All of them are part of a bound notebook which served as a glass blower's application for promotion. He worked for a major American industrial lab. This artisan, after 26 years of work experience as a Laboratory Mechanic making these objects, applied to be promoted to Technician. These extremely specialized devices are his one-of-a-kind creations made to the specifications of scientists. His incredible skill in realizing the devices needed for their experiments is astonishing. I'm guessing that he got the promotion he wanted. The photographer is not credited.
Wednesday, February 11, 2009
One of the things that sparked my interest in vernacular arts was my early exposure to decorated graves at an African American church in rural Georgia. Grave markers, from pyramids to mausoleums to uninscribed slabs of rock, have always provoked fascination with the limitless creativity exhibited in our last, permanent memorials. Have you ever seen the fantasy caskets from Ghana? It's a shame they're buried. All this was brought to mind by the snapshot shown here, which shows someone who chose to be buried in their bed. The inscription on the back identifies it as the grave of a Native American in Fort Washakie, Wyoming.
Tuesday, February 10, 2009
This snapshot of a structure built in the shape of an orange was found without any information as to its location, who created it, or its purpose. I like the curved slot doorway and that the surface is pebbled just like orange rind. Ma and Pa are both smiling.
Monday, February 9, 2009
The simplest objects can embody excellent design. This carved wooden slingshot is particularly satisfying, being all that it needs to be but no more. The wood is smooth; it fits well in the hand and is stout enough to last. Found in North Carolina. Not signed, but it should be.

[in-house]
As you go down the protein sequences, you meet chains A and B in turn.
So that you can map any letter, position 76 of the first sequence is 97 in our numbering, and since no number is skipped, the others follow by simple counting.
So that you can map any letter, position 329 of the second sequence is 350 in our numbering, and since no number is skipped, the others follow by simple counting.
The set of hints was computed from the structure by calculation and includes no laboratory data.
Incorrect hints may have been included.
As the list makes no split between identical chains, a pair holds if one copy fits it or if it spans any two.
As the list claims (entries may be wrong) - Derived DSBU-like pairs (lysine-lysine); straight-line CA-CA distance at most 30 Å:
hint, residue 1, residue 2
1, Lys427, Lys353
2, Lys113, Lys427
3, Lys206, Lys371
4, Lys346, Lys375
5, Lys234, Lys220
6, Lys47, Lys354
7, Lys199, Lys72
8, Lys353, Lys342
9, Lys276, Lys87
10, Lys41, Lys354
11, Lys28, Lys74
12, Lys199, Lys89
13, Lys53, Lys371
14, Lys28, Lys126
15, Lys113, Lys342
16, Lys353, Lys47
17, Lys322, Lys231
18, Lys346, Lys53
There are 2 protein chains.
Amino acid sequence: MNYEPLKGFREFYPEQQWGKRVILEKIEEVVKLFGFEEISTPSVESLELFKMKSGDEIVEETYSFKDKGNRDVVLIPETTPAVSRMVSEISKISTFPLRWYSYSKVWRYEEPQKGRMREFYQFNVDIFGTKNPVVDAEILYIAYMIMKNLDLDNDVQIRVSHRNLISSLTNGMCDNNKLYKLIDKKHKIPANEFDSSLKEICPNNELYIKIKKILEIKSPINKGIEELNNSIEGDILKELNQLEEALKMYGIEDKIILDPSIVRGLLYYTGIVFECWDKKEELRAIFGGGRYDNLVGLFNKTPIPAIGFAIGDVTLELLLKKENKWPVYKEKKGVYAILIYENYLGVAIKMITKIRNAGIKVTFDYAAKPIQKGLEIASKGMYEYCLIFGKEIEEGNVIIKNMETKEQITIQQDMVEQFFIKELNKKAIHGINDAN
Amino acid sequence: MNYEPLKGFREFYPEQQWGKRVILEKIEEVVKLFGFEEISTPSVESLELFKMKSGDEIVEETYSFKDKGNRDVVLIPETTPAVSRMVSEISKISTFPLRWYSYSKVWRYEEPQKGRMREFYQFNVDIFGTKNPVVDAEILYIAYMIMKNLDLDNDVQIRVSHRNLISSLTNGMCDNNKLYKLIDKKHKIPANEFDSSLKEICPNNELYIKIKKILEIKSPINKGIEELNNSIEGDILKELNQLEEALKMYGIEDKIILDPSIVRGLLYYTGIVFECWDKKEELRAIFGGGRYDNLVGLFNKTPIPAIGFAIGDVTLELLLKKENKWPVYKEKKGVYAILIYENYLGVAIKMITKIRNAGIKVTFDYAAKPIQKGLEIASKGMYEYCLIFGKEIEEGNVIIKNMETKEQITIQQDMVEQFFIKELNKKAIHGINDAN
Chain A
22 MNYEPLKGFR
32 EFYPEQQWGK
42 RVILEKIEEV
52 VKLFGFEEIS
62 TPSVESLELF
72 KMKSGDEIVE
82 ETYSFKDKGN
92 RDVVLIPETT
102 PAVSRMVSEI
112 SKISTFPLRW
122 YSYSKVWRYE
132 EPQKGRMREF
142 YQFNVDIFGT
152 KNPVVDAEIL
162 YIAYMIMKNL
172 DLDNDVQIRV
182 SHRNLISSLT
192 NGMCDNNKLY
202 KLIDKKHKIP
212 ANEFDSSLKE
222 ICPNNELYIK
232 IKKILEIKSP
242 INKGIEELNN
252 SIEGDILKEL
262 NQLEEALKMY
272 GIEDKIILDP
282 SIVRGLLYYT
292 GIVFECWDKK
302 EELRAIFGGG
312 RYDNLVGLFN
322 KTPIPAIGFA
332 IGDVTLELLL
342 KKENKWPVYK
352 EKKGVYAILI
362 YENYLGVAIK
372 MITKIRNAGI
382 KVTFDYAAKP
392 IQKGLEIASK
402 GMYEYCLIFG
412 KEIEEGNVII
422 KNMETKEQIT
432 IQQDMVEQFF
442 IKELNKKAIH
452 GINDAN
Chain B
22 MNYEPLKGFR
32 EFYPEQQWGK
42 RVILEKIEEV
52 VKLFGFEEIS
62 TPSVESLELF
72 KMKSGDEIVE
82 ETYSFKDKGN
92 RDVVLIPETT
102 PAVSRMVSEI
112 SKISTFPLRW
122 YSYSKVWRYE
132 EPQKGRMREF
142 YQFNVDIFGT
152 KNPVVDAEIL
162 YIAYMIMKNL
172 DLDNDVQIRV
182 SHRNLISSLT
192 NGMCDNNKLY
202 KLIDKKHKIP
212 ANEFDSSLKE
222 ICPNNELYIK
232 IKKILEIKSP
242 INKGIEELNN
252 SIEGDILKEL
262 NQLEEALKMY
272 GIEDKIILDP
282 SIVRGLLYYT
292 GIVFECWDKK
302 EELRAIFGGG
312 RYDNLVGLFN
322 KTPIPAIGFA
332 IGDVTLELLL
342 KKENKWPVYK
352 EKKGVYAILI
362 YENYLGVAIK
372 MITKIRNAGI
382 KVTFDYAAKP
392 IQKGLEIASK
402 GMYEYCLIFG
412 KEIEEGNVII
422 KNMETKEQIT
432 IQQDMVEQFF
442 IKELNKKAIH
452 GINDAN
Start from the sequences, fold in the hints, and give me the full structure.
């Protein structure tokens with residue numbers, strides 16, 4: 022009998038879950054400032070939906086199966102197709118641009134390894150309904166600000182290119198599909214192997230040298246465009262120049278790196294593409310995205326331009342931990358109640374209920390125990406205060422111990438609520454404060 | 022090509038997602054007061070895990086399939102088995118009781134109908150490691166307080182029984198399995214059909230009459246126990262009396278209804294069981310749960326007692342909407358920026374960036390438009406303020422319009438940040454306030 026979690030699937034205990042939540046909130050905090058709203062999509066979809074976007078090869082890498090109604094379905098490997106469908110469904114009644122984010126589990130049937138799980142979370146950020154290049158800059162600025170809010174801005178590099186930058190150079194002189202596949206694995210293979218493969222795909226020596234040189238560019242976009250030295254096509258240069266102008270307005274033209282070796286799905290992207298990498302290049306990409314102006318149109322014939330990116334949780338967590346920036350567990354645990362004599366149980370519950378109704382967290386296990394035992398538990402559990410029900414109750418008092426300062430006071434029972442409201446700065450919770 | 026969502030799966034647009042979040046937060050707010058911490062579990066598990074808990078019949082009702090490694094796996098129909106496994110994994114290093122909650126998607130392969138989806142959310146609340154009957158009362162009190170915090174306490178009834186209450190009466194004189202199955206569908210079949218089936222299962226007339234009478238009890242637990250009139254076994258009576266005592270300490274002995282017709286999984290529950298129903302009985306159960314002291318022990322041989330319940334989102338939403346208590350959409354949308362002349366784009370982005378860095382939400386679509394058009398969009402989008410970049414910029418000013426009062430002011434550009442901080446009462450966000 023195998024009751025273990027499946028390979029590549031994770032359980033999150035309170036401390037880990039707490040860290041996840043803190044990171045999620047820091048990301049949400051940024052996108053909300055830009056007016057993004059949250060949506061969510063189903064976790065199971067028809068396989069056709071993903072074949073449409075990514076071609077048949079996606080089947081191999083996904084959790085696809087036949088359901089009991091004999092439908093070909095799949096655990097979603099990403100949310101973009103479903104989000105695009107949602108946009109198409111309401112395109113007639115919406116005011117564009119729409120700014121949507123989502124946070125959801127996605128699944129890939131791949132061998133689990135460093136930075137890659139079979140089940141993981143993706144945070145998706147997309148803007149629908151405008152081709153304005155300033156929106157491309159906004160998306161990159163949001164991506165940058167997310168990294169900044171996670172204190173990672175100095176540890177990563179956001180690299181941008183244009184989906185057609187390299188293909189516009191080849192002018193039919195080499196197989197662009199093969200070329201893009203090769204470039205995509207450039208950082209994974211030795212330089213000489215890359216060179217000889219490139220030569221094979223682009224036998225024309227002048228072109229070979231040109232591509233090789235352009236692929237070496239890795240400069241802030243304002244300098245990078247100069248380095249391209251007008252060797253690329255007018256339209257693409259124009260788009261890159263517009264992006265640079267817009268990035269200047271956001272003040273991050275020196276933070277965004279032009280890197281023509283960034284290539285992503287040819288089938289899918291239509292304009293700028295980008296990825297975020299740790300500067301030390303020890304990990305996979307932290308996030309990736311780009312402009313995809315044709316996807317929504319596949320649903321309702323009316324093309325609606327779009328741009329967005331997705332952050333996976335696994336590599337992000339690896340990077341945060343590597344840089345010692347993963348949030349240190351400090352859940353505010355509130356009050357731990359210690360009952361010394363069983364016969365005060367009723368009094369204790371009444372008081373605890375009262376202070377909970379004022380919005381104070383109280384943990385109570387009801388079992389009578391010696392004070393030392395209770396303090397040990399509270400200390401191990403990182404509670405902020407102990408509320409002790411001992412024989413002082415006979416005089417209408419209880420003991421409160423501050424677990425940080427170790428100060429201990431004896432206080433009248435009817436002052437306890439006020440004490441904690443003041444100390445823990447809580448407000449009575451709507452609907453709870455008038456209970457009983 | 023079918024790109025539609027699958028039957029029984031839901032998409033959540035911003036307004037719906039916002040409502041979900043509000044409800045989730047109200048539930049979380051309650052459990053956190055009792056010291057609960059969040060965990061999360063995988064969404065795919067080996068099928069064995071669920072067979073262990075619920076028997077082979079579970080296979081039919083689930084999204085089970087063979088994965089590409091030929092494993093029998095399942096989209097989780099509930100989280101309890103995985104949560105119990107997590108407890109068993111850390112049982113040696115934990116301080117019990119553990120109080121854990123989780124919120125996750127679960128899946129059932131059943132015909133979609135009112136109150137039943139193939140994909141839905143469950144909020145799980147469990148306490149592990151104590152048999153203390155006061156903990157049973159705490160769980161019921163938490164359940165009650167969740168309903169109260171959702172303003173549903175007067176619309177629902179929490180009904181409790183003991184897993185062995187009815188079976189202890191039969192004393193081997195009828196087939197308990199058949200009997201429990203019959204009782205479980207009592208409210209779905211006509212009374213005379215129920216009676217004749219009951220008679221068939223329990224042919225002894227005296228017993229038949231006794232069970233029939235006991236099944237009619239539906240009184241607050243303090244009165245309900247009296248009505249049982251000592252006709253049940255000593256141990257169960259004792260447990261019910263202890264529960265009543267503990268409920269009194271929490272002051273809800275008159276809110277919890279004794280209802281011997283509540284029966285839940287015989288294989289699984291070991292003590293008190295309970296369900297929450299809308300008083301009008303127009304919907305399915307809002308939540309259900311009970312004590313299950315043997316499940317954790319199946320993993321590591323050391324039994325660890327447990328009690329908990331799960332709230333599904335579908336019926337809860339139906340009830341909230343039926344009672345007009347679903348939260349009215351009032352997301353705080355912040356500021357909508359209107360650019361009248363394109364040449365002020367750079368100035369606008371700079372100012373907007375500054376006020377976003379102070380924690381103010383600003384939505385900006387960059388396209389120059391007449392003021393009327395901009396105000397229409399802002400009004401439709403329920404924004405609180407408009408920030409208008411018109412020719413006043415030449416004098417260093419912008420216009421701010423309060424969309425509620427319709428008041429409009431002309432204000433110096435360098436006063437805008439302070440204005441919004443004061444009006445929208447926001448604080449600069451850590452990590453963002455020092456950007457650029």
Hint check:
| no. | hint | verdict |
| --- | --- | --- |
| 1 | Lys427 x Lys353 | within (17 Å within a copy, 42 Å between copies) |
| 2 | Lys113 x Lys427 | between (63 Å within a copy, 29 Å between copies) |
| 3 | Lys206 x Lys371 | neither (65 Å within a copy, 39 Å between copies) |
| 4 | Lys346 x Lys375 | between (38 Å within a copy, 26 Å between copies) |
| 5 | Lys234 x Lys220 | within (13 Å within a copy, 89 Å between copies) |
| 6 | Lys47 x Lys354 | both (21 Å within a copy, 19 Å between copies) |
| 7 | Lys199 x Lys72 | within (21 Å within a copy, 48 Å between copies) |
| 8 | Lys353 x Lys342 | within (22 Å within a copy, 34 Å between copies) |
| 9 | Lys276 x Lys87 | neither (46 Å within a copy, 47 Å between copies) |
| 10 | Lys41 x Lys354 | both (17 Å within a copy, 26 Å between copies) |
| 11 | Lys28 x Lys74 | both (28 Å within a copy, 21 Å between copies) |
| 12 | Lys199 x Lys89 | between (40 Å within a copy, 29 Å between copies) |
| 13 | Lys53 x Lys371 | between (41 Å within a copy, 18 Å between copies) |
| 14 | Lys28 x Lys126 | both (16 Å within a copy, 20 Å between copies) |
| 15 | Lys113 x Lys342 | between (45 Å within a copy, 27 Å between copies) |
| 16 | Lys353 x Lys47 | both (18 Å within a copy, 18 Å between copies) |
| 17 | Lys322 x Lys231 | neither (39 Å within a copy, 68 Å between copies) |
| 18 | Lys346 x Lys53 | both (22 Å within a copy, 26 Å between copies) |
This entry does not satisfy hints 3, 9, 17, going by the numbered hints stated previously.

Friday, February 6, 2009
Manipulated images have been used to deceive people for a long time. The fad of spirit photography around the turn of last century was responsible for separating a lot of gullible people from their money. Have a look at this goofy example from a real photo postcard. Below it is a leaf from an autograph book from the same era, a little doggerel from a skeptic.
Thursday, February 5, 2009
This image is from a real photo postcard, and was taken on today's date 98 years ago. The contrast of black rabbits against the snowy landscape is lovely, I think. It's somewhat reminiscent of the work of the contemporary photographer Masao Yamamoto.
However, there's something else going on here besides just being visually compelling. The rabbits are running, ears alert, agitated. Scratched into the negative is "Rabbit Drive 2/5/11, Near Lakeview Ore, 1811 Rabbits Killed in Pen."
The Nevada-California-Oregon Railroad, in an attempt to develop the land that its railroad served, hired a Russian man who relocated 25 Russian families to this outlying area. Rabbit drives became a regular winter occupation, with whole carloads of meat being shipped to a tamale factory in San Francisco. The enterprise gradually failed.
The postcard was mailed to someone, and the message on the back is about renting a saddle, making no mention of the photograph or the event.
Wednesday, February 4, 2009
Tuesday, February 3, 2009
Mr. Dilmus Hall of Athens, GA remains among the most under appreciated of all the American self-taught artists. His sculpture and drawings are a delight for all those fortunate enough to have experienced them. He also made yard art installations surrounding of his modest cinder block house, including the - for this viewer - seminal "Shoe that Rode the Howling Tornado," a single high heel shoe presented in a vitrine made of a salvaged aquarium, installed above his mailbox.
This Polaroid photograph of his friend is housed in a paint-decorated frame and cover glass.
Monday, February 2, 2009
There was no context for this found photograph, so I have no clue of its origin. Loving black and white, or light and dark, imagery as I do, though, it was compelling. It seems to involve a long exposure time, and instead of being light reflected from a subject, the light is generated by the subject. Could it be anti-aircraft fire and tracers?